Hast makes waist, and that was probably the case here. Miss. Newcastle had no time to search the room for any objects that would be of use, she was in such a hurry to leave that room behind. She burst through the heavy oak door that lead into the dining hall. She was out of the stench, but even after closing the thick door, the smell lingered. It had invaded her; it had seeped into her very pores it seemed. When she got out of here she would take a long hot bath with bathing oils, and she would scrub every inch of her skin beet red or until that smell was removed. She only hoped the smell wasn't permanent
She had never liked this dining hall; it was ridiculous it had a long dining table with chairs all around it. Even now it was made up for dinner with plates and wine glasses all around it. Father use to entertain a lot, so this room had been used the most in the house probably by guests. Even more then the parlor room. Elizabeth had hated this room. She had not been allowed to enter this room often. If there were guest over, she was instructed to eat elsewhere. She was never allowed to touch anything on the tables, and the only time she was allowed in here was when she was sneaking into the kitchen or when there were family meals. There were rarely family meals though, it seems almost every day there were people here to eat. Sometimes the cook forgot about the child not getting a meal, in those cases, those were the days she would hide in her secret world and snack on canned fruits.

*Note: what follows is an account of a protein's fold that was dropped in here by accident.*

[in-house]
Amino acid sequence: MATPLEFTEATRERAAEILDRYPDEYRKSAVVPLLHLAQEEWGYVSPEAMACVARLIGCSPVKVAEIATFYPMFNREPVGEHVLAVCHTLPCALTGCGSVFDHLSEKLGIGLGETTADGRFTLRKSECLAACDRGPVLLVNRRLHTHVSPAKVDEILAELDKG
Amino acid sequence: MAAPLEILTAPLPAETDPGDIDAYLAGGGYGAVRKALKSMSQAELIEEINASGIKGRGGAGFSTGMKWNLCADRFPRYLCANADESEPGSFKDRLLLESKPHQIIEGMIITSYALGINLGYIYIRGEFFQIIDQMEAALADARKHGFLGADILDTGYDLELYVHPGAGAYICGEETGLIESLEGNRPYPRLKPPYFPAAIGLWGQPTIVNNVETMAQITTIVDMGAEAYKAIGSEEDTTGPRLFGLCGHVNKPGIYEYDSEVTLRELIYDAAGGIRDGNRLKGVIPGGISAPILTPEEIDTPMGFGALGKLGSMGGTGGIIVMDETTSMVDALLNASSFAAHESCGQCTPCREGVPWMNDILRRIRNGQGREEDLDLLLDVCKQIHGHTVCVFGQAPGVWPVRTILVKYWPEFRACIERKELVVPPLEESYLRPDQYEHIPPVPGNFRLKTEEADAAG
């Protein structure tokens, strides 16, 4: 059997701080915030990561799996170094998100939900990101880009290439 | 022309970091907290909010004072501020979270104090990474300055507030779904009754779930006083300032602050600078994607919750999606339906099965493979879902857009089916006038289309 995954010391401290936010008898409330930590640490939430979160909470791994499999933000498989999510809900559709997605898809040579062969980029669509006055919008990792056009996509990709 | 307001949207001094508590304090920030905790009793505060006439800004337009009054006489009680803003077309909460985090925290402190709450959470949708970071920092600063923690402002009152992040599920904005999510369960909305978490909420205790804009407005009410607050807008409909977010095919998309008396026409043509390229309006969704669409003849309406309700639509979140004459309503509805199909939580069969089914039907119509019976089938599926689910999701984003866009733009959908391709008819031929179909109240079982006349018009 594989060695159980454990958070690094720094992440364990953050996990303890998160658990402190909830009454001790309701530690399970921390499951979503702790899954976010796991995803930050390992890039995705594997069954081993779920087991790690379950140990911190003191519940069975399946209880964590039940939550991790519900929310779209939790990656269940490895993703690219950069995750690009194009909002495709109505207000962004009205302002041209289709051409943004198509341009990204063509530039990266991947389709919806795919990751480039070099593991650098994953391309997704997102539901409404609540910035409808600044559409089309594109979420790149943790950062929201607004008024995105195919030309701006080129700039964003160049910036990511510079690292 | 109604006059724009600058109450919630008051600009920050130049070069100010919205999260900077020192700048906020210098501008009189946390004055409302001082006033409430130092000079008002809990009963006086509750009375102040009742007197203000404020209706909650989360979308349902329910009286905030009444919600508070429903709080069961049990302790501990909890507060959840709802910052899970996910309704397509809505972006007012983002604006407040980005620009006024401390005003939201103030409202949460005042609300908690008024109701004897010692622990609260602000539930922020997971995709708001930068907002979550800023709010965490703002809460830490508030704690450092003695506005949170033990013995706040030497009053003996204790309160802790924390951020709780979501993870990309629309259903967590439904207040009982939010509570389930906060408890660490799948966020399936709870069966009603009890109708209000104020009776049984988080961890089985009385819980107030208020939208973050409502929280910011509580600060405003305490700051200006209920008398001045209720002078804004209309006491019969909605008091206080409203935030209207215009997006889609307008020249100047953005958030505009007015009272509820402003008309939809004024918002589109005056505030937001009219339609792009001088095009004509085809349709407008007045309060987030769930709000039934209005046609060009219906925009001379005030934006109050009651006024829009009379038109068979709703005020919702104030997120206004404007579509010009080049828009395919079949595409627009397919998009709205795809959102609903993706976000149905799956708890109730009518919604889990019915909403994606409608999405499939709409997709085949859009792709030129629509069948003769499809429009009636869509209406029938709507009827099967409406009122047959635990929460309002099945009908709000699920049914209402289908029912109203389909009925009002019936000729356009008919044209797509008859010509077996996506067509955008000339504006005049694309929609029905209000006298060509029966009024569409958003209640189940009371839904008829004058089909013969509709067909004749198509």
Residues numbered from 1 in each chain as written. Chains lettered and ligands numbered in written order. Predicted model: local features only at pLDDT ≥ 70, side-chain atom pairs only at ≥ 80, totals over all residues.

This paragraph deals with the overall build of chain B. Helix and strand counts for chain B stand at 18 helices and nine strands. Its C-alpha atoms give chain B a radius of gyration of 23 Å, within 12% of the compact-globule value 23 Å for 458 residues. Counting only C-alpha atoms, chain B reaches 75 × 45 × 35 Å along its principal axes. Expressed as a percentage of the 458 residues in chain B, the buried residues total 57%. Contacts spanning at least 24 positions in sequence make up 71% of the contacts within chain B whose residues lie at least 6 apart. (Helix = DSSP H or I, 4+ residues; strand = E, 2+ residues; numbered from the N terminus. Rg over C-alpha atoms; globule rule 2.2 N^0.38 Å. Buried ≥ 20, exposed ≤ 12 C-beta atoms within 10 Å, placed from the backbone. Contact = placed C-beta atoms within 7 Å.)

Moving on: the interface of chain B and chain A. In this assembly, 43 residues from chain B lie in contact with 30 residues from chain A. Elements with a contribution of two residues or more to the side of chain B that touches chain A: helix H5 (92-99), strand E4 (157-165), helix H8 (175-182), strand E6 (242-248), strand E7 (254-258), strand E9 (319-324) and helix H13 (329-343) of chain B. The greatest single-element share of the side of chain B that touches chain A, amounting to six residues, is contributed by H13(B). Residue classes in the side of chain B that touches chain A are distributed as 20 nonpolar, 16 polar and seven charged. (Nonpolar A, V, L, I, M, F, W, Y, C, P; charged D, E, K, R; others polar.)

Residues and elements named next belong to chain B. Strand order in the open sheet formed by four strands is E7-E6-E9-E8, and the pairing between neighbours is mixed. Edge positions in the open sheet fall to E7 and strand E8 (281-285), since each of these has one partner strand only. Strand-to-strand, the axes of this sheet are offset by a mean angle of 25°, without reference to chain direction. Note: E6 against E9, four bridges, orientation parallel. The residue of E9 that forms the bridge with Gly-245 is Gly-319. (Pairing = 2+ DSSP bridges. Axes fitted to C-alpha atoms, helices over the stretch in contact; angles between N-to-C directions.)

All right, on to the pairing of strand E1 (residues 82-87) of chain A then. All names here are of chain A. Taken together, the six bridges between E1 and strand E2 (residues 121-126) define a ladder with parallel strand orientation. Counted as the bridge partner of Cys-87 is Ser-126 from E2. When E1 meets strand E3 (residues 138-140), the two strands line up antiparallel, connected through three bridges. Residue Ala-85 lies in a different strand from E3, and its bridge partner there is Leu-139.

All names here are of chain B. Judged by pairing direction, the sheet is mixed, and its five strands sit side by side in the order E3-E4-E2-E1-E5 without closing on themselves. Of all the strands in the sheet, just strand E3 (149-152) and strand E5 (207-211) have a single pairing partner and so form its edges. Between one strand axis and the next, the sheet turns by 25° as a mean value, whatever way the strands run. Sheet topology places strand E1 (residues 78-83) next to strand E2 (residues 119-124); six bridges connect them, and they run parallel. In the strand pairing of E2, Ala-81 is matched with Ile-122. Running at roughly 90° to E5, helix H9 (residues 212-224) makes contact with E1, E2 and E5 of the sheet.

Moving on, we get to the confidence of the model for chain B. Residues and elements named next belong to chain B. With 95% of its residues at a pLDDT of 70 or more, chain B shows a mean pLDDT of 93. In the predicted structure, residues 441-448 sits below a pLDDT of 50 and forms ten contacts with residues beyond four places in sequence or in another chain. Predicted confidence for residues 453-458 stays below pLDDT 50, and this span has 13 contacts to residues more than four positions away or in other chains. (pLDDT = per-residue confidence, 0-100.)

The child was okay with this, she was okay with all of this. Not having to eat with her old man, and not having to sit in this room. The china cabinet on the interior wall was filled with old bone china she would have been beaten for if she ever thought of touching it. On two of the walls it was covered in windows, tall arching ones with suits of armor between each one. At night she use to swear she heard their metal joints moving and squeaking as they roamed the house at night. She knew they were possessed and would kill anyone caught in their halls at night.